Medication for Back Pain
Medicines can lower the intensity of your back pain and reduce muscle spasms. There are several different medication options your doctor may recommend.
Your doctor will determine which medication might help based on:
- How long you have been experiencing pain
- Additional symptoms you are experiencing, like muscle spasms
- Your medical history
It is important to be safe with pain medications and follow all your doctor’s instructions carefully.
The most common medications for treating back pain are:
- Acetaminophen and NSAIDs
- Topical pain relievers
- Muscle relaxers
- Opioids and narcotics
- Anti-seizure medicines
Acetaminophen and NSAIDs
Acetaminophen and nonsteroidal anti-inflammatory drugs (NSAIDs) are medications for treating pain you can get without a prescription. Your doctor may also prescribe them in stronger doses.
Acetaminophen inhibits the pain process, but how this works is unknown. Acetaminophen does not fight inflammation.
However, high doses of acetaminophen may cause liver damage. The FDA recommends no more than 4,000 mg of acetaminophen per day, but many doctors suggest taking closer to 3,000 mg.
Over-the-counter NSAIDs include ibuprofen, naproxen, and common aspirin. These can reduce pain and inflammation and are more potent than acetaminophen.
Common side effects of NSAIDs are stomach pain, nausea, constipation, and diarrhea. Long-term use of NSAIDs may cause very dangerous side effects, including:
- Gastrointestinal bleeding
- Heart problems
- Kidney damage
Topical Pain Relievers
Topical pain creams, gels, and lotions are applied to the skin and intended to relieve localized pain. You can get most of these without a prescription. Brands include Icy Hot and Ben Gay.
Common side effects may include redness, stinging or burning at the application site. You should stop using a topical pain reliever if you experience blisters, swelling, severe redness, increased or new pain.
Despite their name, muscle relaxers do not affect the muscles. They actually work in the spinal cord and brain.
Your doctor may prescribe a muscle relaxer along with an over-the-counter pain reliever for your back.
Side effects with muscle relaxers may include:
- Nausea and vomiting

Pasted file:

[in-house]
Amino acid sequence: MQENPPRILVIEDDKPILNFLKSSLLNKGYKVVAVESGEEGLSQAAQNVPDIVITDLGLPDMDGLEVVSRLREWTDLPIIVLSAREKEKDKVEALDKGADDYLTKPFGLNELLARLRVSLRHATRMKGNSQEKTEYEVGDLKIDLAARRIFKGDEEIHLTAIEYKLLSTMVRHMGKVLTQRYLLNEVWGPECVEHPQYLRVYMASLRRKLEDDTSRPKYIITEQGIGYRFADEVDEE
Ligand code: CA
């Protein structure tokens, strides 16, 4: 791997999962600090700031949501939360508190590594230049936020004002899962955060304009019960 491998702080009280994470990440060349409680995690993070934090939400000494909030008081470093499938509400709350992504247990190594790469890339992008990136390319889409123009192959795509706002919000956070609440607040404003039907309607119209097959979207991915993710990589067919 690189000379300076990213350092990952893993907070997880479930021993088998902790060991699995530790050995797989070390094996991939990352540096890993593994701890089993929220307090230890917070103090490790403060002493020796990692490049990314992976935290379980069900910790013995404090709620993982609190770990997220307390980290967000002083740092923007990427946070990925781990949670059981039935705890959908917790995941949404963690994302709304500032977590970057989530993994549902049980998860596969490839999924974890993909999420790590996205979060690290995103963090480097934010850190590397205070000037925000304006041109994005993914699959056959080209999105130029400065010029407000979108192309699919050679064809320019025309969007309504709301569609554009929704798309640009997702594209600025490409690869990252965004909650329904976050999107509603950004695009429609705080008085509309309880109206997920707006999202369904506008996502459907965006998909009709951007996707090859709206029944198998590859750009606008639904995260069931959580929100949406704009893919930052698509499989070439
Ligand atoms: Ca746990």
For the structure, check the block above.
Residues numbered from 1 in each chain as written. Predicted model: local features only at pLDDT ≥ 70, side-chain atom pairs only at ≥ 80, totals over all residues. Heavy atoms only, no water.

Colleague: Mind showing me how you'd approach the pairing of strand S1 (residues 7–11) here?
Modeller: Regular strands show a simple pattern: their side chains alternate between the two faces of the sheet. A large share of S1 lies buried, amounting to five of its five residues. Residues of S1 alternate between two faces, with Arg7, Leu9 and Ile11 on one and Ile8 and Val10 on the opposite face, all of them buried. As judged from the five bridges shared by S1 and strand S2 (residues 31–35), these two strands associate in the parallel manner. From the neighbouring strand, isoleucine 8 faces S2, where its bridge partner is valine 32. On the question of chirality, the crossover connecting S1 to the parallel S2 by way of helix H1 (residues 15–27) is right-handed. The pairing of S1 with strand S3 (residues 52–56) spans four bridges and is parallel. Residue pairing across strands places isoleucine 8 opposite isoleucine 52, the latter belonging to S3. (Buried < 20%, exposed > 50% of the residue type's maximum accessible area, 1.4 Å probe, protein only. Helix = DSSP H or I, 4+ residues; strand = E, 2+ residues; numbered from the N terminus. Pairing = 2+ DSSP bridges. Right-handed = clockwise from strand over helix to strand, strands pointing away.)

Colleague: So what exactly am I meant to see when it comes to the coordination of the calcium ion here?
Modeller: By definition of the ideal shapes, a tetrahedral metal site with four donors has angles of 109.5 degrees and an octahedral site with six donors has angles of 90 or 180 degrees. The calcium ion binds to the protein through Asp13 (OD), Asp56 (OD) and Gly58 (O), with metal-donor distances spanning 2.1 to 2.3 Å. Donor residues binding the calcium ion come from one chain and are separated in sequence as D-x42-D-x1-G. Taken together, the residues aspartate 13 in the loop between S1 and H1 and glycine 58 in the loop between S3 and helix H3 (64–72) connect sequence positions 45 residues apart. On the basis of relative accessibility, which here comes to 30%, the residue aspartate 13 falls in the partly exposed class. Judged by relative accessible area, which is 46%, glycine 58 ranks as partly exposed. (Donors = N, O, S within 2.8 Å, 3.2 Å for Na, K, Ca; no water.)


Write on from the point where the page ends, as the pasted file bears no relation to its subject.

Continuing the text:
Muscle relaxers can be habit forming so it is important to talk to your doctor before starting use.
Muscle relaxers may also interact with other medications you are taking or adversely affect other conditions you have. Lastly, you shouldn’t drink alcohol, drive or operate heavy machinery while taking muscle relaxers.
Opioids and Narcotics
It is possible that acetaminophen, NSAIDs, and muscle relaxers might not be enough to help alleviate your back pain. If your back pain is chronic and long lasting your doctor may suggest opioid or narcotic pain relievers.
These medications act on the pain receptors and nerve cells of the brain. Some opioids are milder and include Tylenol with codeine and Vicodin (acetaminophen and hydrocodone) while others are stronger and include morphine.
The most common side effects of opioid or narcotic pain relievers are:
- Drowsiness and/or a feeling of sedation
- Severe constipation
- Allergic reactions, including itching and hives
- Risk of addiction
Much like NSAIDs, corticosteroids help alleviate pain and bring down inflammation. Your doctor can prescribe corticosteroids in a pill form or via injections into your back.
Oral corticosteroids are generally prescribed in a tapering method over a short period of time.
They may also cause significant side effects, including:
- Elevated pressure in the eyes
- Fluid retention in the legs and swelling
- Elevated blood pressure
- Weight gain
- Problems with memory and mood
Injected corticosteroids may cause temporary side effects near the injection site. Other side effects include:
- Changes to skin color or texture
- Facial flushing
- High blood sugar
Your doctor will limit your injections to no more than four per year because of the high potential for side effects.
Corticosteroids may cause many side effects, including ones not listed, but they do help with inflammation and pain.
It is important to work with your doctor to find ways to minimize any of the above side effects.
Antidepressants seem to seem to work well for treating back pain but the pain relief mechanisms for these drugs are unknown. Researchers believe antidepressants increase pain reducing neurotransmitters in the spinal cord.
It may take a week or longer to get pain relief from an antidepressant. However, most people only experience moderate pain relief.
Side effects of these medications may include:
- Dry mouth
- Blurred vision
- Sleep problems
- Problems with urination
- Sexual problems
Anti-seizure medicines, including gabapentin, are used to treat seizures or epilepsy. They work by affecting the electric signals in the brain and are most effective in managing pain related to nerve damage.
These drugs may also help with long-term back pain and make it easier for you to work and manage daily activities.
Side effects of anti-seizure medications include:
- Weight gain or loss
- Upset stomach
- Loss of appetite
Do not stop taking anti-seizure medications suddenly or change the dose without first talking to your doctor.
Not every medication is going to work to treat your back pain. Talk to your doctor if a medicine doesn’t work for you.
It does take a trial and error approach to find a medication that does offer you pain relief.
As a final note, medication isn’t an effective to treatment alone for back pain. You should use it in conjunction with other treatments, including exercise, physical therapy, and heat and ice packs.